A growing campaign to restrict the proliferation of outdoor advertising continues to escalate, as state lawmakers are now considering a two-year moratorium on digital billboards throughout California.

The proposal to impose a statewide ban on electronic billboards, announced January 9th, comes on the heels of a similar municipal ordinance passed by the Los Angeles City Council in December which prohibits the construction and installation of any outdoor advertising and the conversion of traditional signs to digital for three months.

Anti-billboard advocates cheered the state legislators’ moratorium recommendation.

“This is very good news, and very unexpected,” Venice resident Dennis Hathaway told The Argonaut. “It’s a wonder that this wasn’t proposed before now.”

Hathaway is president of the Coalition to Ban Billboard Blight, a grassroots organization that has mobilized Westside residents to catalog all outdoor signs in the 11th Council District, which includes Venice, Mar Vista, Del Rey, Playa del Rey, Playa Vista and Westchester.

A trio of Sacramento legislators who are backing the moratorium includes Assemblyman Mike Feuer, who sponsored Measure R, the statewide initiative approved by voters last year that will add $30 billion for transportation projects through the state sales tax.

“We should not be erecting more digital billboards until we know whether they are safe,” Feuer, a former Los Angeles city councilman, said in an interview with the Los Angeles Times.

Feuer’s legislation, Assembly Bill 109, would prohibit the digital billboards from being built, converted from traditional billboards, enhanced or modified until January 1st, 2012.

Companies that violate the proposed law would be fined up to $3,500 a day.

Advocates of a moratorium on outdoor advertising cite visual blight and the potential for accidents due to the flashy, bright signs of digital billboards on city streets and freeways.

Hathaway found it interesting that Feuer is the architect of the proposed ban on digital signs. The assemblyman faced off against incumbent Rocky Delgadillo in the Democratic primary for city attorney in 2005. Delgadillo, who was supported by several large outdoor advertising companies, won the primary and later that year the election in November.

“Delgadillo was criticized for receiving donations from these billboard companies,” Hathaway recalled. “I think that’s very ironic that Feuer is behind a moratorium on these outdoor signs.”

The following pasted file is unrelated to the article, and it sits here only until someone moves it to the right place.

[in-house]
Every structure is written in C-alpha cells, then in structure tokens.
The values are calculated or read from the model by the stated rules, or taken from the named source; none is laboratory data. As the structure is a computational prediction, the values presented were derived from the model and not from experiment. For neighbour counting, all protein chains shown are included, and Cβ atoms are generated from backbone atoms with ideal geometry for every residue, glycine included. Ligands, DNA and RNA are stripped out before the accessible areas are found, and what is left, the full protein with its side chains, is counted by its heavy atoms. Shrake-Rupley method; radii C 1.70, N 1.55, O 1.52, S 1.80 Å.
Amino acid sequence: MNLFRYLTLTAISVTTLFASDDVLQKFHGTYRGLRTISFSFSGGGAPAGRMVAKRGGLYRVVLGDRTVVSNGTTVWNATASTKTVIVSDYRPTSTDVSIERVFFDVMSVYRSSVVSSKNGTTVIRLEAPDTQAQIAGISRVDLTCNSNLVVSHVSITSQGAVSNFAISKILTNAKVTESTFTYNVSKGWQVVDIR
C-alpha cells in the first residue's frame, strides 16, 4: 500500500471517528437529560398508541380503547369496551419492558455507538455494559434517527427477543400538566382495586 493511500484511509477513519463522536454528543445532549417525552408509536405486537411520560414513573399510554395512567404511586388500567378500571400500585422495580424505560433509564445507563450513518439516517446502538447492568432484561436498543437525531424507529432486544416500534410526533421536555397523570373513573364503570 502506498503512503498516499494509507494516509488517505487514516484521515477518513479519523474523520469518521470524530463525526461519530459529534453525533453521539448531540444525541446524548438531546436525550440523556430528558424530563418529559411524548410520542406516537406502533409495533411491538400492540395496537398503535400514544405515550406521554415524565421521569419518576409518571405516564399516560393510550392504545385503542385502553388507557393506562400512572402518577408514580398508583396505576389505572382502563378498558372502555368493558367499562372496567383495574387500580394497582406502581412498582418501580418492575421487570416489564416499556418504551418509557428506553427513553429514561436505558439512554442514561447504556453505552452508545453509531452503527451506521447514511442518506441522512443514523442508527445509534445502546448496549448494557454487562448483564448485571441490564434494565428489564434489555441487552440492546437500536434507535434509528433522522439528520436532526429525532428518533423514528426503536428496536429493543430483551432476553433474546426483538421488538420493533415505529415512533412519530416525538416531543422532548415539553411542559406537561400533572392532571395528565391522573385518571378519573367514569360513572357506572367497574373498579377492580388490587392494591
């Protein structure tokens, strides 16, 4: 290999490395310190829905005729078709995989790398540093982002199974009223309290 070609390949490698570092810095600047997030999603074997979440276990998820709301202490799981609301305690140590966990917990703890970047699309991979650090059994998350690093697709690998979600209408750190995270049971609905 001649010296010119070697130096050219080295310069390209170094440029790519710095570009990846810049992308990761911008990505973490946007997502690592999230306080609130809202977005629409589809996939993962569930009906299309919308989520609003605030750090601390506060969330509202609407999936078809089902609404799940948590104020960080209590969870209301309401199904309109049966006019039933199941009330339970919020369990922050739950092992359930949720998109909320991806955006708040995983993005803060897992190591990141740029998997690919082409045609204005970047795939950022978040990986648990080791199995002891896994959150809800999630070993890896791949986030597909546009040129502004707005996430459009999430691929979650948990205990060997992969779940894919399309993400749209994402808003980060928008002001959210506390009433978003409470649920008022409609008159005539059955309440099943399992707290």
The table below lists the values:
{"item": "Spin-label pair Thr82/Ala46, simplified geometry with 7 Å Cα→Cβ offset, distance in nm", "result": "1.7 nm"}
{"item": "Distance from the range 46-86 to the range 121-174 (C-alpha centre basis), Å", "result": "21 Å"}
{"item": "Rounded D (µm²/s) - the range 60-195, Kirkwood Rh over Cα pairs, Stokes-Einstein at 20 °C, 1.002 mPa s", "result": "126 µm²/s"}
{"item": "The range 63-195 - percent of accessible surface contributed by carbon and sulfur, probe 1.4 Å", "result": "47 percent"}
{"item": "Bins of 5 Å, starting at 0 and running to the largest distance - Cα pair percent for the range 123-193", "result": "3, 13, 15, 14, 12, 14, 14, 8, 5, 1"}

Clear Channel Outdoor, one of the largest outdoor sign companies operating in Southern California, which owns 143 billboards in the 11th District, re- portedly was one of several entities that spent $425,000 promot- ing Delgadillo’s candidacy in 2001 as well as that of council candidate Wendy Greuel.

Last year, Delgadillo recommended a six-month moratorium on billboards after the Planning Commission suggested placing a prohibition on new outdoor signs.

While Los Angeles City Councilman Bill Rosendahl agrees that a statewide ban would be ideal, he is more concerned about keeping these signs out of his council district.

“[Feuer’s proposal] adds more muscle to what we are doing locally,” said the councilman. He credited Hathaway with leading the grassroots campaign to bring attention to the number of outdoor signs that have sprung up in the 11th District in recent years.

“There was a lot of frustration among many of my constituents, and I’m glad we seized the moment to bring other city agencies on board and finally get this moratorium in place,” Rosendahl said.

Outdoor sign firms have attempted to block the Los Angeles ban. An appeals court ruled on January 6th that the council was within its legal right to place a prohibition on billboard signs. Metro Lights LLC, an outdoor advertising firm, had argued that the ban violates its First Amendment rights, but the Ninth Circuit Court of Appeals upheld the council’s decision to impose the moratorium.